For the next few weeks, South Carolina could end up in the bull’s eye at any time. A tropical storm could bloom into a hurricane and wallop the coast, leaving thousands or even millions without power for days. While I hope we manage to avoid a major storm, this annual threat is a great reminder of how important it is to focus on power grid resiliency.
The nation’s power grid faces unprecedented challenges and not just from hurricanes. Demand is rising as infrastructure ages, more of us plug in electric cars, utilities transition to sustainable energy sources and climate change makes the weather more extreme and unpredictable.
If we are to continue to enjoy a safe, continuous flow of electricity to our homes and businesses in the future, it is imperative that we focus on smart-grid technology and the workforce behind it.
I recently had the opportunity to speak on this topic to the 62nd annual meeting of the Southern States Energy Board hosted by Gov. Henry McMaster. In a nutshell, this was my message:
Electricity and its underlying infrastructure are critical to the health and prosperity of society. Electrical infrastructure supports all other infrastructure. In other words, it’s hard to run a manufacturing plant, teach kids in a school or conduct surgery in a hospital if the electricity is shut down.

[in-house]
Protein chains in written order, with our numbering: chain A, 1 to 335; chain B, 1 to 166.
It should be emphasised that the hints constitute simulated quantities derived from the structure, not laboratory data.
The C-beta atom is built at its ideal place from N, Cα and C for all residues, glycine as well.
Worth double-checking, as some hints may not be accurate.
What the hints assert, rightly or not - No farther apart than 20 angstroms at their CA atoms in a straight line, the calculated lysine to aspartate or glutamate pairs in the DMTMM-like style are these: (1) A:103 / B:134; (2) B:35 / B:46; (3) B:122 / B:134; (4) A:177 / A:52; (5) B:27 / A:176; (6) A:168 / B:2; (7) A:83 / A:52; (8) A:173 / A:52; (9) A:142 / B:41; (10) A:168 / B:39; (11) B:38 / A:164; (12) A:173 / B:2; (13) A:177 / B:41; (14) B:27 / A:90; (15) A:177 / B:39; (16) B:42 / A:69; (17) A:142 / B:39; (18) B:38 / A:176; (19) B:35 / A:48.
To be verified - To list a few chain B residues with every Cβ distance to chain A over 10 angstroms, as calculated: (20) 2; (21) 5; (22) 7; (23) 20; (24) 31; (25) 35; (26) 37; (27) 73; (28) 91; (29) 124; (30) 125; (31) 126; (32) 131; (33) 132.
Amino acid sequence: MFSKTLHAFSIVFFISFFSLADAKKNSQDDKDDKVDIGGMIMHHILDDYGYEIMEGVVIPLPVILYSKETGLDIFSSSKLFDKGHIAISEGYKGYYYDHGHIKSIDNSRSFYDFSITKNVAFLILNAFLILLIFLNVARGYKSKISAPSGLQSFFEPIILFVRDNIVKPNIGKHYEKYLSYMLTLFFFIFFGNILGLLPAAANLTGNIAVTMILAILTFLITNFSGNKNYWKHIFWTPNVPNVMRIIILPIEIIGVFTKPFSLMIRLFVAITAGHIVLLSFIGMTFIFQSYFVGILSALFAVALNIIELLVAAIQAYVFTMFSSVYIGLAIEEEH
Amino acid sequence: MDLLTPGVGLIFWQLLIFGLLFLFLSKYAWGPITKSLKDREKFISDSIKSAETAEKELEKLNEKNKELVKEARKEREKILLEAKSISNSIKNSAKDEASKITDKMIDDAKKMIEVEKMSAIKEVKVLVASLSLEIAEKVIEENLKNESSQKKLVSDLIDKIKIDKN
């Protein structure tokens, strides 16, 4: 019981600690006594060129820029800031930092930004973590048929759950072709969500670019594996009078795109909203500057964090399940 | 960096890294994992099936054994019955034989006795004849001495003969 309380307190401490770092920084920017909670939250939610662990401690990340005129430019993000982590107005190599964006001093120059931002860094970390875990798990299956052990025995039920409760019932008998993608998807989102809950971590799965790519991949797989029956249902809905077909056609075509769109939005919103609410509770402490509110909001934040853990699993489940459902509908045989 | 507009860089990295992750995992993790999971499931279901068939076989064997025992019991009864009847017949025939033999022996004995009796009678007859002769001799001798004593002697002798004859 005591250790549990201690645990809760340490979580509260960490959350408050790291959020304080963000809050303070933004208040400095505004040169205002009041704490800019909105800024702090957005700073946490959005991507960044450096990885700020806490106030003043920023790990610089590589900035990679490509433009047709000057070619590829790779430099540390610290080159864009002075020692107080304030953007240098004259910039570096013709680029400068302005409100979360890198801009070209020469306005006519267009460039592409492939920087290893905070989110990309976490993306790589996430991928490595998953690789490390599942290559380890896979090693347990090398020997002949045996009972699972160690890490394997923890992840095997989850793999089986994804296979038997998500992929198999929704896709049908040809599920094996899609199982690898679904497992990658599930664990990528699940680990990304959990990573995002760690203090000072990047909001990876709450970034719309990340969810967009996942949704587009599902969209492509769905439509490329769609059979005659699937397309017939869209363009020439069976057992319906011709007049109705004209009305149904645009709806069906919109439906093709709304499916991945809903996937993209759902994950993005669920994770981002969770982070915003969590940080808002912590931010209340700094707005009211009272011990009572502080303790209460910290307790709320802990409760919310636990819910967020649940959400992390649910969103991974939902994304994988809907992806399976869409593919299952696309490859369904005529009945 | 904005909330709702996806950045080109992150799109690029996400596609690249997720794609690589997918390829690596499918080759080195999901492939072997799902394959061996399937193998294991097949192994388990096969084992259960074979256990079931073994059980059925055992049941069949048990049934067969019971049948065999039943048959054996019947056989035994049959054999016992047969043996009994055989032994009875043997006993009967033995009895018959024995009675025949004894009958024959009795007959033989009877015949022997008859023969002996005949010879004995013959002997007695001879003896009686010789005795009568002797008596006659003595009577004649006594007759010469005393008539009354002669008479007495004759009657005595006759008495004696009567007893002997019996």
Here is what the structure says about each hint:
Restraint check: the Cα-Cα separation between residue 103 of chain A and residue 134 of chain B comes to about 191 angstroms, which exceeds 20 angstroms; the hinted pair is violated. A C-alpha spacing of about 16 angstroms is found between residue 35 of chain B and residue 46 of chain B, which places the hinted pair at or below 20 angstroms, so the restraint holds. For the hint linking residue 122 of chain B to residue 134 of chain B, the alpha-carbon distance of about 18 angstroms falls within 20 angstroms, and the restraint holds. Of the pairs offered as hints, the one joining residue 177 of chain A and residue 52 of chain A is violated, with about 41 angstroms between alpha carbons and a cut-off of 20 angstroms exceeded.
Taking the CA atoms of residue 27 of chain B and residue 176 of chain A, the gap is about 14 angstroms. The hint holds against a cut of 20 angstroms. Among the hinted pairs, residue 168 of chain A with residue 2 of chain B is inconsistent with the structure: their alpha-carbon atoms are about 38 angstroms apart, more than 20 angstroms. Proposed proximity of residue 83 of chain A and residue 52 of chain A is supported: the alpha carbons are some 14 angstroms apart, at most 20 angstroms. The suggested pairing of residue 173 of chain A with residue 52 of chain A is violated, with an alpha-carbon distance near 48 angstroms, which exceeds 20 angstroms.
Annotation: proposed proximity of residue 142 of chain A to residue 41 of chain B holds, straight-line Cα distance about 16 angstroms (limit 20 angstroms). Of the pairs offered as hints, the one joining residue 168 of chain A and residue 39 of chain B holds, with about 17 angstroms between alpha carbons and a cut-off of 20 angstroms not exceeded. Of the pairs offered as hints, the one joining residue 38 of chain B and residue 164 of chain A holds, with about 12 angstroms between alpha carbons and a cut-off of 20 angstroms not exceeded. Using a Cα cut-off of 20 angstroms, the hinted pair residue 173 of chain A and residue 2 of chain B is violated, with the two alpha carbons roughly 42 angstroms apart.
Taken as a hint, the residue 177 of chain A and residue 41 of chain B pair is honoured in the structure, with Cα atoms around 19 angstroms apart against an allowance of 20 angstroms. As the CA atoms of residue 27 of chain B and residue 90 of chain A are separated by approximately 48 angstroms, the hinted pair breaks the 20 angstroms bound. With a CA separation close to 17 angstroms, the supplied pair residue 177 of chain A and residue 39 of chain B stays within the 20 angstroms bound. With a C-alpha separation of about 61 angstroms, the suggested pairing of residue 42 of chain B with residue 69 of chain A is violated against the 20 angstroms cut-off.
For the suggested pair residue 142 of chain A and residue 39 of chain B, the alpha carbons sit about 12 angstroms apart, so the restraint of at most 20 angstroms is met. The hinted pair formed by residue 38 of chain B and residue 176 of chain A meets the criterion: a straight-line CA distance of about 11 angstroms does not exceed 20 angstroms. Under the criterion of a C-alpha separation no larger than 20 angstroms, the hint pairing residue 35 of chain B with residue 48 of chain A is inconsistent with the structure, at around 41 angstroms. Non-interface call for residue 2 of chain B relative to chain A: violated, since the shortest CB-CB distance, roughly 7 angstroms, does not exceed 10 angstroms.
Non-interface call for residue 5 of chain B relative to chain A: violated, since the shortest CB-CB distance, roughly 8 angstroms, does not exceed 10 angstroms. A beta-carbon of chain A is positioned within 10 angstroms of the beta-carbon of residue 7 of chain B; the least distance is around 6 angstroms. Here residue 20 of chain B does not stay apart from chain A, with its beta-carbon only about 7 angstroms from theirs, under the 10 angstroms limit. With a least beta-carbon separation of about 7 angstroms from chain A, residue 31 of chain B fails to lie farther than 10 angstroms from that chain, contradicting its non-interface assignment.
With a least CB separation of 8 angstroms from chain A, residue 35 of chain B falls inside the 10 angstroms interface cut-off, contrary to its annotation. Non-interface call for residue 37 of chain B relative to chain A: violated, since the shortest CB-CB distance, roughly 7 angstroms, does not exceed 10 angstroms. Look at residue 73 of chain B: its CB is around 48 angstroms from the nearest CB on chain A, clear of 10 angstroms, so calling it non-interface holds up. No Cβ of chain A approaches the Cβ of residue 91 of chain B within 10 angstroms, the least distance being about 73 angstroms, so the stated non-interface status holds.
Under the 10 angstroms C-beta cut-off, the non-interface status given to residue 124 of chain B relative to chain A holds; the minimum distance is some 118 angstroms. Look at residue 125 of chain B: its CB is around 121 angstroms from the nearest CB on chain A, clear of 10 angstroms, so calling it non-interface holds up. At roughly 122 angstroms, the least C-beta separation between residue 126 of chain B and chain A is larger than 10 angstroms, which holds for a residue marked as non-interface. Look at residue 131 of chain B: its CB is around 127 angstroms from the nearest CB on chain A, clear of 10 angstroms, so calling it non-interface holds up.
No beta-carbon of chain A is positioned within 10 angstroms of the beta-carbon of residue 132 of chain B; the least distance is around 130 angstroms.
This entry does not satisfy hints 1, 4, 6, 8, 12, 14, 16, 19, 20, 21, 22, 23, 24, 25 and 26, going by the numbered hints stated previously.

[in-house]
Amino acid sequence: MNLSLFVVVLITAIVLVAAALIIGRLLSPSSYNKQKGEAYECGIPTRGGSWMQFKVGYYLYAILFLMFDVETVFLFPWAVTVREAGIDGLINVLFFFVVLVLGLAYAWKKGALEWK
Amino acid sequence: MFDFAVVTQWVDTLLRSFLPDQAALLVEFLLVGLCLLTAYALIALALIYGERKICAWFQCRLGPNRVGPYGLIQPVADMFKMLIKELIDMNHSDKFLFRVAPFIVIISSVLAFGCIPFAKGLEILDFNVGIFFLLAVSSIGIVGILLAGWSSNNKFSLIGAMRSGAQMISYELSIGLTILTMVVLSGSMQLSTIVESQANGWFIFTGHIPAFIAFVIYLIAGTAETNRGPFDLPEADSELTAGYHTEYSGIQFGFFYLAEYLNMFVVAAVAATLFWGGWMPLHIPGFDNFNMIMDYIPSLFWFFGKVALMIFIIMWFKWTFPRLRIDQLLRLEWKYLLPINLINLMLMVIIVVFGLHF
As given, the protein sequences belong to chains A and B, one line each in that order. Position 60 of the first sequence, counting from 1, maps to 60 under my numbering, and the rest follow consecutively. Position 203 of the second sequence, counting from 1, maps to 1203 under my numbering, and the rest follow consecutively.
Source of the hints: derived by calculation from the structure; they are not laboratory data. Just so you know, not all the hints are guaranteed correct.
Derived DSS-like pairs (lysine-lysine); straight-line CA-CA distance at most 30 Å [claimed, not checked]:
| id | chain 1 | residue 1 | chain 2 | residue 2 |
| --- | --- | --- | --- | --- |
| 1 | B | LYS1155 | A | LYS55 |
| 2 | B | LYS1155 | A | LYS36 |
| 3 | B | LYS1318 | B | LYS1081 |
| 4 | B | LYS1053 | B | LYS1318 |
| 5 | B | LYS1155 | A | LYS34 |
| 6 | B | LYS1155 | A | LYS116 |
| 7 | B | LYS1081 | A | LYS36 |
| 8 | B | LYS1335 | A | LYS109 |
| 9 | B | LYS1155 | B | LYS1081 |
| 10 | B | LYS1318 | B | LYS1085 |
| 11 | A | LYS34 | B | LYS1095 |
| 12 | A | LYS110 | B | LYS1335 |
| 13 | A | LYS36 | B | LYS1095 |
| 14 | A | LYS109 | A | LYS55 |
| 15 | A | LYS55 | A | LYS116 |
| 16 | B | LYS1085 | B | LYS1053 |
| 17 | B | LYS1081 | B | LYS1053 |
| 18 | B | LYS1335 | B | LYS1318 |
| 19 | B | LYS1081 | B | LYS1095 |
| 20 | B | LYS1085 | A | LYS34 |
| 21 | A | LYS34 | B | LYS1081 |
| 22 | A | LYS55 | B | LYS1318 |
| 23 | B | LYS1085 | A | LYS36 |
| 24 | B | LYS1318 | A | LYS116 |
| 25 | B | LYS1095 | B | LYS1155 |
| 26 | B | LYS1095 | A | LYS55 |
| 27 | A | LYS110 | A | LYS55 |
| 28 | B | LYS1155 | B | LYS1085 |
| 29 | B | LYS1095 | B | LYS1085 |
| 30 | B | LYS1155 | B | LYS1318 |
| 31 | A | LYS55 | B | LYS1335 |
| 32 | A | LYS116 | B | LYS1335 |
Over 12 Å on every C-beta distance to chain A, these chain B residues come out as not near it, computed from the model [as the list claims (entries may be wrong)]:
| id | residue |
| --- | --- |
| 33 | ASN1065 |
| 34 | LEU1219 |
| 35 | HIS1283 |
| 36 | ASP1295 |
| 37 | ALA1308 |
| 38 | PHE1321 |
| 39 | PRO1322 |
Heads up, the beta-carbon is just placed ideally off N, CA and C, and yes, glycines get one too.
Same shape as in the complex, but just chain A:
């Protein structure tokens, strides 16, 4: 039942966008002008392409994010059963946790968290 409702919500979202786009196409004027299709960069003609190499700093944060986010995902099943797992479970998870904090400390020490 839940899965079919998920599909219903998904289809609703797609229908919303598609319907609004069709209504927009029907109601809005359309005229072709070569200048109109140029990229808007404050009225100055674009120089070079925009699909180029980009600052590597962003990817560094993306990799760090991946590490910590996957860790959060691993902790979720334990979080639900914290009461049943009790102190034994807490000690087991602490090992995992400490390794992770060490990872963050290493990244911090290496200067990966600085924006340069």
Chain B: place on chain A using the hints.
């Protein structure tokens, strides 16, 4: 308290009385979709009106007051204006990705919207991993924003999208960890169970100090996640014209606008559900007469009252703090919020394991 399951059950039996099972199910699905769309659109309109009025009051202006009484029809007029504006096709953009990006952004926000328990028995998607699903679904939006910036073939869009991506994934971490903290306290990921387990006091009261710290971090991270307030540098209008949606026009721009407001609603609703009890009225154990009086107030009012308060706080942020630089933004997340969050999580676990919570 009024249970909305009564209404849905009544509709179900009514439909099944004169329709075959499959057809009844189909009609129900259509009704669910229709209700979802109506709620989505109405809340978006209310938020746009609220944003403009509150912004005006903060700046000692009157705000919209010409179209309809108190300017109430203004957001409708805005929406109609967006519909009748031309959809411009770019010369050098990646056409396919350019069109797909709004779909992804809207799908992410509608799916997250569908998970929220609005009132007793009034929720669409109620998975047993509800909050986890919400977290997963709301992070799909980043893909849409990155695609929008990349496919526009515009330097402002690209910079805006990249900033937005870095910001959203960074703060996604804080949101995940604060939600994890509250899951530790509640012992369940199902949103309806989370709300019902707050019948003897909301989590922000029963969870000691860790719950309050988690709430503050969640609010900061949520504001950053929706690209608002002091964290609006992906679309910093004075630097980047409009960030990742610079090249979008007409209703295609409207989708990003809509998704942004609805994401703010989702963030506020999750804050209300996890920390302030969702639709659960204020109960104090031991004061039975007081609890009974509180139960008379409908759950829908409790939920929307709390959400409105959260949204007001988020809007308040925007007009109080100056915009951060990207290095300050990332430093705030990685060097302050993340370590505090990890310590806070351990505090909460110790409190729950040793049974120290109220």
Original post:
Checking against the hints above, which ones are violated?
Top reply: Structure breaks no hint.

Now is the time to step up our efforts to fortify the electric power grid because outages are already becoming more common. Grid disturbances have increased sharply, going from 23 in 2002 to 196 in 2018, according to AMERESCO.
Our emphasis should be on resilience, which is different from reliability. While minimizing the likelihood of large geographical area, long-duration outages is important, a resilient system is one that acknowledges that such outages can occur, prepares to deal with them, minimizes their impact when they occur, is able to restore service quickly and draws lessons from the experience to improve performance in the future.
Two fields of study will help us establish a resilient grid– situational intelligence (an invention of mine at Clemson University) and cyber resilience.
Situational intelligence is looking ahead to how situations will unfold over time so that the grid responds to changing conditions, often more quickly than a human could.
Cyber resilience aims to protect the grid using established cybersecurity techniques, while acknowledging that that protection can never be perfect and will require intelligent monitoring, detection, and response to provide continuous delivery of electricity.
We are diligently researching these topics in the Real-Time Power and Intelligent Systems Laboratory, a world-class facility at Clemson University. Students in the lab are conducting cutting-edge research that not only helps advance the technology behind the smart grid but also prepares them to become the leaders and innovators of the future.
As the grid comes under more strain, this work will become increasingly important. A focus on smart grid technology and its workforce now is the light that will keep us out of the dark in the future.
Kumar Venayagamoorthy is the Duke Energy Distinguished Professor of Power Engineering at Clemson University, director and founder of the Real-Time Power and Intelligent Systems Laboratory and an IEEE Fellow for his contributions to the application of artificial intelligence to power systems.
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